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Lithograph City Enterprise

This collection of the former Lithograph City newspapers from 1916 was discovered by Phil Lack of Orchard.

When Phil Lack of Orchard went to a recent farm sale north of Osage, he found something quite historical, and to him personally fascinating.

He went home with several copies of the "Lithograph City Enterprise," a newspaper that was mailed out of the Orchard Post Office around the time of World War I. The dates on the old newspapers range from 1916 to 1918 and contain a wealth of information on a town six miles south of Osage that most people never even new existed.

"I think I paid about $1.25 for them, but for me personally, they are much more valuable," said Lack, who is a local history buff, especially those aspects involving the Orchard area. "The story of Lithograph City is just fascinating."

The ghost town of Lithograph City, about two miles southwest of Orchard, was founded in the early 1900s adjacent to quarries that produced lithographic limestone.

Production in these quarries peaked during World War I when access to German lithographic limestone was cut off. According to research conducted by Lack, in 1915, Lithograph City had 15 houses, a hotel, a dance hall and a museum, not to mention its own weekly newspaper.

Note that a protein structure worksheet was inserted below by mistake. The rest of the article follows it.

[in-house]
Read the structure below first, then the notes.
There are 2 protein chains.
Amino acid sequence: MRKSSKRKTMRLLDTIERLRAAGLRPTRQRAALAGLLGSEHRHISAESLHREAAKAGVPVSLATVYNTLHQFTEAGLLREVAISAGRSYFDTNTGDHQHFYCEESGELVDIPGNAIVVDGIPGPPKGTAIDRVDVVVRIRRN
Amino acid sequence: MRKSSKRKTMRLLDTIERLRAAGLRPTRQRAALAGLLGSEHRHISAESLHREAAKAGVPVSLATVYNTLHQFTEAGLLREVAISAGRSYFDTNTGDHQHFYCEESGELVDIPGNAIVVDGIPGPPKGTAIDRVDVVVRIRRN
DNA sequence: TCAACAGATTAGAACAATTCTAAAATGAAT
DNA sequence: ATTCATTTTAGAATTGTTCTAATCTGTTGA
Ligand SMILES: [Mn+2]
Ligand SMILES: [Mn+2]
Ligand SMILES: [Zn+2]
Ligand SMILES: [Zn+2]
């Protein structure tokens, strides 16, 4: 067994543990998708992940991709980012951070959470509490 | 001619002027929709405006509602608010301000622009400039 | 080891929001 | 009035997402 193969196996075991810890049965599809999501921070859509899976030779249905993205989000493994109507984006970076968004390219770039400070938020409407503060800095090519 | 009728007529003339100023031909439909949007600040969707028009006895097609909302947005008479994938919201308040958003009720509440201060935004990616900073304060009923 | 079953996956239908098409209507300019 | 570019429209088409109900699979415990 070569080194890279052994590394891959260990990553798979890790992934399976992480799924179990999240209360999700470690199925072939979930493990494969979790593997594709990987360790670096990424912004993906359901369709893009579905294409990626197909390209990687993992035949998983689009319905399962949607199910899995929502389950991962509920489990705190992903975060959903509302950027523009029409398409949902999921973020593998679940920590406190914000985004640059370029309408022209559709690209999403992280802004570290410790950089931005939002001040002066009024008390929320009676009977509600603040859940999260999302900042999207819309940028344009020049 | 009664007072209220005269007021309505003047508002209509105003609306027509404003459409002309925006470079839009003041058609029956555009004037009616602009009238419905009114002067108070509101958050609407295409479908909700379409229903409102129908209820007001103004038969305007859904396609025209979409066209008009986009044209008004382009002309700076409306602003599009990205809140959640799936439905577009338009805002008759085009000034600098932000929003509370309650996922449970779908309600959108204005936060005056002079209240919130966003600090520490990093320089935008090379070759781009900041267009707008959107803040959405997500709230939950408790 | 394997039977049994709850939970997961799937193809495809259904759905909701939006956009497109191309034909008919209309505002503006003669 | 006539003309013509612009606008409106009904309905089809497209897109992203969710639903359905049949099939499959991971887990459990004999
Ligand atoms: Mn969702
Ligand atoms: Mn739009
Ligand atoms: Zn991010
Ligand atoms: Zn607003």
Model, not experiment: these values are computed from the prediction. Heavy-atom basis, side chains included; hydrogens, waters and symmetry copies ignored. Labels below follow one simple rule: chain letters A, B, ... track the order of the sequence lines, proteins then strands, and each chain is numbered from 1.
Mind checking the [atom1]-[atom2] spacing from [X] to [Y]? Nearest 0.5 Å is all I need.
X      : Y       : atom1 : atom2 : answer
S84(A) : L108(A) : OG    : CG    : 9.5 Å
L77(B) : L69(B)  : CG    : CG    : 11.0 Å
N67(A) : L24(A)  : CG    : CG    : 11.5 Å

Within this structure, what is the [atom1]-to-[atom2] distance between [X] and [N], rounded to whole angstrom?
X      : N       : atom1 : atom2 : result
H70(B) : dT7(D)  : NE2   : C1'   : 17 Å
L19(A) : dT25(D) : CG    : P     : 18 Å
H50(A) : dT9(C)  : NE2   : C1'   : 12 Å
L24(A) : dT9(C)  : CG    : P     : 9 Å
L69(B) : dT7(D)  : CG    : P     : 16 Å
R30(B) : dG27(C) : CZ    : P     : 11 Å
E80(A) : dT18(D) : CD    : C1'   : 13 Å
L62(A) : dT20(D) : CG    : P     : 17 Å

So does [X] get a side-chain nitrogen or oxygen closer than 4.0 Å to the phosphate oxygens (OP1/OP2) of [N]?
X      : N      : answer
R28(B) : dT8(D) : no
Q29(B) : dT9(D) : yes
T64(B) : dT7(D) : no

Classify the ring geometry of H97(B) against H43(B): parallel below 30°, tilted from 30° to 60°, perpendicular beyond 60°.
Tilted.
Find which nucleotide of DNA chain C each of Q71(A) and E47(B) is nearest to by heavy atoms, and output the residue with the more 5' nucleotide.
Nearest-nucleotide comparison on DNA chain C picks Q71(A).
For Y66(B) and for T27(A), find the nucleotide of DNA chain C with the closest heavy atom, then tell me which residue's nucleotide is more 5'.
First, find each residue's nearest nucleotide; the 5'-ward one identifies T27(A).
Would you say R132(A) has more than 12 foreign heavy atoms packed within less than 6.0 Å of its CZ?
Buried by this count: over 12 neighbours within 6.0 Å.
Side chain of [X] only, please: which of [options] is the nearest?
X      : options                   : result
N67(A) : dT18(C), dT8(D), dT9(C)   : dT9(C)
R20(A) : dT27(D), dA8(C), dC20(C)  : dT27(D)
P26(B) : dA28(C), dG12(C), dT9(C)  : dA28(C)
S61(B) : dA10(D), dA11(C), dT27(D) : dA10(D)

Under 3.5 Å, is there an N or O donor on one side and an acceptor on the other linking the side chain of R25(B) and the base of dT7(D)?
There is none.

After the war, use of stone blocks in lithography declined, and the city was renamed Devonia. By 1938, no trace of the town remained.

According to Amanda Indra, a former Orchard resident who wrote a college essay on the former town, the rise and fall of Lithograph City was quite swift.

"Although it came and went within a few decades, the town of Lithograph City has become only a distant memory, remembered by a few," said Indra. "It was a place of promise and high expectations, filled with countless 'maybes' and 'might have beens.'"

Indra explained that Lithograph City was almost entirely dependent on the lithographic limestone that was quarried in the area in both Floyd and Mitchell Counties.

The quarries operated for only a short period, however, and the town failed to prosper as metal engraving replaced lithographic stone in providing good quality printing at lower cost.

Indra said a post office was never established in Lithograph City, so the town is rarely found on maps or listed with abandoned towns in Iowa.

"The town's almost complete dependence on the stone, along with a variety of other factors, eventually led to its swift demise," Indra said. "Lithograph City had so much going for it, yet so many things went wrong. Bad timing, the lack of railroad, new printing technologies all led to its demise."

Despite its decline, Lack's collection of the Lithograph City Enterprise newspapers harkens back to a unique time - not only in the area, but in the printing and publishing business.

Before printed books, certain aspects of culture such as history, laws, and church liturgy were preserved only by memory. The first manuscripts were hand-written on papyrus sheets which were glued together and rolled up.